There’s also more set to come, with Home being announced for a release next month with more information being released on it soon, and if I’m not jumping to conclusions, the saying of “continue to bring new things in 2020” means there’s more yet to come. Just what new things are coming is anyone’s guess, but with no new main series game for the year (you would expect), it should allow for the spin-offs to come out of hiding once more.

And with that lovely surprise of Pokémon news, I hope that the next general Direct can surprise and excite me just as much with even just one of the announcements it brings.

Wednesday, 8 January 2020

Wild Ideas Caught! What Could Happen in the Pokémon Direct?





Yesterday a Pokémon Direct was announced, and tomorrow at 14:30 GMT is when it will air. The obvious choice for such an announcement is about Home and what things that will give us (aside from storage capacity and the importing of ‘mon from previous generations, of course). However, stating the obvious is no fun. It’s time for some wild predictions.


The main series goes open world, but not in the way you think. Diamond and Pearl are announced as the remakes to come this year, with a trailer showing off the beautiful work done in recreating the world in a fully 3D environment. The map layout is still the same with the routes designed the same as in the original games, though with things being more realistic in scale. Then we get a second trailer showing a battle, and much the same as in Sword and Shield the transition once it ends is quick and pretty seamless.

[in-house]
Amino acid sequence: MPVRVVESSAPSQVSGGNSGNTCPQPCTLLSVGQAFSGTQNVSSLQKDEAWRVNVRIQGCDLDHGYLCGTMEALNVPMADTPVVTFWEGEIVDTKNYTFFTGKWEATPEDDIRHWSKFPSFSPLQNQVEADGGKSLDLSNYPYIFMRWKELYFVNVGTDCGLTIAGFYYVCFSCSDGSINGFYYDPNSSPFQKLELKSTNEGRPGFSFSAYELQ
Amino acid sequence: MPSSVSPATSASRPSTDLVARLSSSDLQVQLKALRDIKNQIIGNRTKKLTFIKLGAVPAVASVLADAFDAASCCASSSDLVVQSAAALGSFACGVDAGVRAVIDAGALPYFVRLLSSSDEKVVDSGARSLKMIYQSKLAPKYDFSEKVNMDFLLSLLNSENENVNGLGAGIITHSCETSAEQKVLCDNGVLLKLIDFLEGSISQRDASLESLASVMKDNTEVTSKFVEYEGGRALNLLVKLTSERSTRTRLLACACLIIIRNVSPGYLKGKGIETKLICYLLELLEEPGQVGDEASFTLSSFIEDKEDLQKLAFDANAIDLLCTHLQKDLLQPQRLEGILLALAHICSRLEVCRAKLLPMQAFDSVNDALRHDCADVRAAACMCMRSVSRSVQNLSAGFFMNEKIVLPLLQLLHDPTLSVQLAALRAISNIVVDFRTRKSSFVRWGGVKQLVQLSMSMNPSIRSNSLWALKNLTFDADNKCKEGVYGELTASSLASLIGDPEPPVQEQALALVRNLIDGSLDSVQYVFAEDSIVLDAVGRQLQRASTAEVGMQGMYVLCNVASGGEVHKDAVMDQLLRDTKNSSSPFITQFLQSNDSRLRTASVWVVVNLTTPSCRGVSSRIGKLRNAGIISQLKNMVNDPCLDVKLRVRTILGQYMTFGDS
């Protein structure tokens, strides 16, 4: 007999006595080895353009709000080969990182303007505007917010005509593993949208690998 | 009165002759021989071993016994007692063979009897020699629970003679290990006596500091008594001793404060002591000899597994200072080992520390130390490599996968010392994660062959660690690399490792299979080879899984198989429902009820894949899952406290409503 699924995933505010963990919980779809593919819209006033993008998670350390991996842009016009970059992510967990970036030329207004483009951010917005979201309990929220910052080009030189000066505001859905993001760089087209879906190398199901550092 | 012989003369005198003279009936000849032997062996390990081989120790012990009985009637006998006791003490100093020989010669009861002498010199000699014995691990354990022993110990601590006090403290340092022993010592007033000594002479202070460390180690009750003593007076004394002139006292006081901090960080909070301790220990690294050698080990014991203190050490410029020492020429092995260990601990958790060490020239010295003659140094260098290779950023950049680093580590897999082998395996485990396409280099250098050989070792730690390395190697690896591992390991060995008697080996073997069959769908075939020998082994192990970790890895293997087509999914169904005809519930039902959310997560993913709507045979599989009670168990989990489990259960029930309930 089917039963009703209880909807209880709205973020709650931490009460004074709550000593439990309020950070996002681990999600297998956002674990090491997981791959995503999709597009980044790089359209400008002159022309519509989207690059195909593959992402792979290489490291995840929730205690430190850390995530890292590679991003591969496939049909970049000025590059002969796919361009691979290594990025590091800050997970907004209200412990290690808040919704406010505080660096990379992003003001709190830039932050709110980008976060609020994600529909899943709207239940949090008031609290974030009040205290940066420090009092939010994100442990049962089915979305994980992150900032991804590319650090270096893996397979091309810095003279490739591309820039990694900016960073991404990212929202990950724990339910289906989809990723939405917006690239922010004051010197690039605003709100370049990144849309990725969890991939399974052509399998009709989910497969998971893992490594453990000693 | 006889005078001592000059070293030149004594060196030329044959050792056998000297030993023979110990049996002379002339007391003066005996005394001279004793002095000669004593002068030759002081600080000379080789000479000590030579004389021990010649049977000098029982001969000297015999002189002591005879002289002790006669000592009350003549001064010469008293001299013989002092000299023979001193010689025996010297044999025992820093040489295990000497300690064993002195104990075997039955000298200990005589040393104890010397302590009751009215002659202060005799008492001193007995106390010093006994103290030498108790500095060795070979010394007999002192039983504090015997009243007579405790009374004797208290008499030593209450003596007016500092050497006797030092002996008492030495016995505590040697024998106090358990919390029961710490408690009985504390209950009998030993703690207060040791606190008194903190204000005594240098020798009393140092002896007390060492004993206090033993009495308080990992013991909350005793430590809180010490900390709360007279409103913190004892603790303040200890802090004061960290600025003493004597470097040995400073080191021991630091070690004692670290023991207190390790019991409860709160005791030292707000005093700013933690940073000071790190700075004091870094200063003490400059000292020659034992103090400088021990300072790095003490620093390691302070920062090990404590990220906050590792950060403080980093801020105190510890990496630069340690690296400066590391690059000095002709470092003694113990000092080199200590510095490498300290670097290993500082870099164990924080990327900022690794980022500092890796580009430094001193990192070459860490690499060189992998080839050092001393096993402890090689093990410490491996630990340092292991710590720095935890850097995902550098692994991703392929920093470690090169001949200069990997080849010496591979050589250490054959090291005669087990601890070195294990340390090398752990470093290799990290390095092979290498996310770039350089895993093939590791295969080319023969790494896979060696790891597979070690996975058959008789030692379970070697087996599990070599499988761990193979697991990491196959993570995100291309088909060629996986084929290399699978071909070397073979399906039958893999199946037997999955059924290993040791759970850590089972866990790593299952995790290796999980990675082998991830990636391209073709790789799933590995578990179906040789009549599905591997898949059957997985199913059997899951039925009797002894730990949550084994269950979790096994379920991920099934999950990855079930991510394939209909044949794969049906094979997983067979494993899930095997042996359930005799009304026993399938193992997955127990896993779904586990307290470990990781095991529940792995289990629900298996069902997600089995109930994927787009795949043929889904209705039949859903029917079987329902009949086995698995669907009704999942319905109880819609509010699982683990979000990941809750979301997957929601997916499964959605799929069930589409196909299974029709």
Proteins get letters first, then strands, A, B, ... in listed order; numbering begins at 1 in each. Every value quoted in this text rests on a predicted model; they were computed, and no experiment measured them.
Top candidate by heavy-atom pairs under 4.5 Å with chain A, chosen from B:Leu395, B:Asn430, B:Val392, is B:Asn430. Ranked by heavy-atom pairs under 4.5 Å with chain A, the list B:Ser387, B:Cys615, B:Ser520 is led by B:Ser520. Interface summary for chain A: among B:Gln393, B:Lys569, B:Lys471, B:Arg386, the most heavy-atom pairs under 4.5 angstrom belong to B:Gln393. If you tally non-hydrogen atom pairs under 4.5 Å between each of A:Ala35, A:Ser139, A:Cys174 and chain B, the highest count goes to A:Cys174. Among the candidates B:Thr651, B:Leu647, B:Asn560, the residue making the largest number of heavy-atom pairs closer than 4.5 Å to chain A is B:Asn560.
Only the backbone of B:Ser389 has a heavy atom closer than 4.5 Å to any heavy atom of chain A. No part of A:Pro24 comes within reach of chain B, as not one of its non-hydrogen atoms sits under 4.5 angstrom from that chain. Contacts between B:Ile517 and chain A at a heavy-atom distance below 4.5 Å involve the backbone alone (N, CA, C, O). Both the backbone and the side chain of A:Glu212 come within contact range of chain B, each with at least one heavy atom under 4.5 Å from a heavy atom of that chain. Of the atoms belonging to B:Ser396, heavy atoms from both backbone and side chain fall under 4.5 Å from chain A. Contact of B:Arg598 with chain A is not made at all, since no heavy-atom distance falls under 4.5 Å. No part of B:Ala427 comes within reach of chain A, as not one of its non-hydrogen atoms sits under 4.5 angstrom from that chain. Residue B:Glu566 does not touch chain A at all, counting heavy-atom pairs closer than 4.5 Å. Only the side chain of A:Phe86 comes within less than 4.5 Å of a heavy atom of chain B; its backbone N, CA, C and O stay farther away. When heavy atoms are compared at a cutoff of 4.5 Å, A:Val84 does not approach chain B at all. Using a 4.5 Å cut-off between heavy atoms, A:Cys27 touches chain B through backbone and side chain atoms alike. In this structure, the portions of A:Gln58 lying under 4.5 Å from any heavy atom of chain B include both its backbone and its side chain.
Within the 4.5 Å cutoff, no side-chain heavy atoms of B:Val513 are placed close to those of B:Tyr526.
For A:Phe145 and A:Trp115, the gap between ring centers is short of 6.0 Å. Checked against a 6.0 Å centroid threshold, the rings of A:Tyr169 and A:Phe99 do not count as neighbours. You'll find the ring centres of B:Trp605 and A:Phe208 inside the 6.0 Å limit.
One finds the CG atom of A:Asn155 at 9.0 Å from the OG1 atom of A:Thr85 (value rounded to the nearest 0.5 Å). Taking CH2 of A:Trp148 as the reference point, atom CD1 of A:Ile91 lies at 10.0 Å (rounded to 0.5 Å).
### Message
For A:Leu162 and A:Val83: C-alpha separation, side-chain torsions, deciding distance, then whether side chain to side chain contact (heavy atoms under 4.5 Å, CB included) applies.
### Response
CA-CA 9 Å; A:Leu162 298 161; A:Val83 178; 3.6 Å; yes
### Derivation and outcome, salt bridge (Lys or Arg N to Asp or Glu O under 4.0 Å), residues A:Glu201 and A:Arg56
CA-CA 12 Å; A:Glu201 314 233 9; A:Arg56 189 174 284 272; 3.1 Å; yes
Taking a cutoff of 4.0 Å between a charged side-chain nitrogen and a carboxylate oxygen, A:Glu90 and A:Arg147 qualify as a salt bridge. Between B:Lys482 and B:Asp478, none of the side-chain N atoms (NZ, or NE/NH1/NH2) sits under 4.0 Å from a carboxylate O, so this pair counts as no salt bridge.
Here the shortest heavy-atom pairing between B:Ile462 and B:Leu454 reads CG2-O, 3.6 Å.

Once in the overworld though, it seems the remake has gone a bit too copy and paste, with a camera high up giving a top-down view of the field that never changes. However, it seems a fine price to pay for no transitions between sections of the map. Even when going indoors, there’s no transition, with the rest of the world blacking out to give a view of just the interior. HM usage has now been reworked into a system similar to Sun and Moon, except instead of calling on a Pokémon to help, you assign a helper for that situation within the box or your team.